If a zero-coupon bond never pays an interest coupon, how do investors earn anything?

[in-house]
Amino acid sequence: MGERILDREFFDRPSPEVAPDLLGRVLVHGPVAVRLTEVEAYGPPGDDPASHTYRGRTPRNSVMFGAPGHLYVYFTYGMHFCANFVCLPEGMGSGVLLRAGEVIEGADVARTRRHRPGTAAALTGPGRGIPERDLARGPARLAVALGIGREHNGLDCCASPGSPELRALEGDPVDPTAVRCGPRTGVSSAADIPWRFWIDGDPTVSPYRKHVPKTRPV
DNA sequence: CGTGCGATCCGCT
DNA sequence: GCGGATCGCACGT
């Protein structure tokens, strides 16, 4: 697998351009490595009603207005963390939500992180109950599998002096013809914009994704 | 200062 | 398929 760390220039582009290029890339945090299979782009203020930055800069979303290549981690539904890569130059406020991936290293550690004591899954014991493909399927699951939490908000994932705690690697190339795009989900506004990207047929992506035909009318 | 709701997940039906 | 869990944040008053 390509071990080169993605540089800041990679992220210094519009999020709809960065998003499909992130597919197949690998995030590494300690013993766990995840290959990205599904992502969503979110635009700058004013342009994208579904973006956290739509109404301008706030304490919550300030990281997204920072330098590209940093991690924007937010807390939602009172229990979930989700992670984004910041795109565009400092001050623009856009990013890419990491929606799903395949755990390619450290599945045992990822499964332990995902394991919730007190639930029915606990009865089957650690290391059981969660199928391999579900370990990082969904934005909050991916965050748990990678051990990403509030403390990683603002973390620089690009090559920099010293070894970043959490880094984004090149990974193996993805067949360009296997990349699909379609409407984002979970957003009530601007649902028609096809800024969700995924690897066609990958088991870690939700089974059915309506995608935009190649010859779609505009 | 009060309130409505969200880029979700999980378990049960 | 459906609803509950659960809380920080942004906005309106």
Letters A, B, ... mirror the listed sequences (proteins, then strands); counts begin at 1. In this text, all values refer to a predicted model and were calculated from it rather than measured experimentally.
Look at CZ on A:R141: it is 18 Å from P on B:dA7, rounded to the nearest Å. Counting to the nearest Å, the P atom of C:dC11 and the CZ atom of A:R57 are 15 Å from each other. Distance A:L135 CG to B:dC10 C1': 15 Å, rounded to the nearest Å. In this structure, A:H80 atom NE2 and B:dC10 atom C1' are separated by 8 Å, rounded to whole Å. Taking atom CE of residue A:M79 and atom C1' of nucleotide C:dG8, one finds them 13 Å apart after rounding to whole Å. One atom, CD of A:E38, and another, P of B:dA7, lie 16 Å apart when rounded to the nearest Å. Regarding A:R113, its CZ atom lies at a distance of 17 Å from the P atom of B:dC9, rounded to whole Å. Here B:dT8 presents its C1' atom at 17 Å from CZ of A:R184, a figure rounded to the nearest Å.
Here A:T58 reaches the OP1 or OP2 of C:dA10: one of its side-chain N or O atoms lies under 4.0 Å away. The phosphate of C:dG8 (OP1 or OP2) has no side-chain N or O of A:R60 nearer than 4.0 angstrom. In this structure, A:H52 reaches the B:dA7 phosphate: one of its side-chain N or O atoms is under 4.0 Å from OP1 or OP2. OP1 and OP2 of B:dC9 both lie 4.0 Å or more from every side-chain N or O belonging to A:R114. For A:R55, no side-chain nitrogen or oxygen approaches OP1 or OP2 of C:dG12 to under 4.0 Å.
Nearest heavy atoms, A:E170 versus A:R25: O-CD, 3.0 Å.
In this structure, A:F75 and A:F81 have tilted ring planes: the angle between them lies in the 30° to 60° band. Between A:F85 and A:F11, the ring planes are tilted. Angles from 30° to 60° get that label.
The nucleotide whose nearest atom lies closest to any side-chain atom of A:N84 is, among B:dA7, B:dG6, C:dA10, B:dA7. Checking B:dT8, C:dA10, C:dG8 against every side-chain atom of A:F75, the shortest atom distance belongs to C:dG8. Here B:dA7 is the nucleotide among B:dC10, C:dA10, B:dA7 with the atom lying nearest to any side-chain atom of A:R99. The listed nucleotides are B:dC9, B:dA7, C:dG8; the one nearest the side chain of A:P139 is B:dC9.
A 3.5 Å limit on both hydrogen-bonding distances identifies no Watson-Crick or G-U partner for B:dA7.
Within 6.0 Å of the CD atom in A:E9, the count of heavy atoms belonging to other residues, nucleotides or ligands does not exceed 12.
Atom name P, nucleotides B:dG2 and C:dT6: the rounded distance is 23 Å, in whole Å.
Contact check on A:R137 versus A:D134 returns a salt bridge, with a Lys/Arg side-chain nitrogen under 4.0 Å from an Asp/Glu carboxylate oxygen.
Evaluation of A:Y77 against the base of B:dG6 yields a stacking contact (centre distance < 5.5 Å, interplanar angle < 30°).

Recall that bond investors can receive their returns in the form of a coupon yield, a capital gains yield, or both. In a “zero,” there is no current yield, and the full yield-to-maturity comes from the capital gain. Investors always purchase a zero coupon bond at a discount to its maturity value. When they sell the bond for more than they paid for it (subject to swings in market interest rates), or when they hold it to maturity and collect a maturity value greater than the purchase price of the bond, they receive their capital gains yield.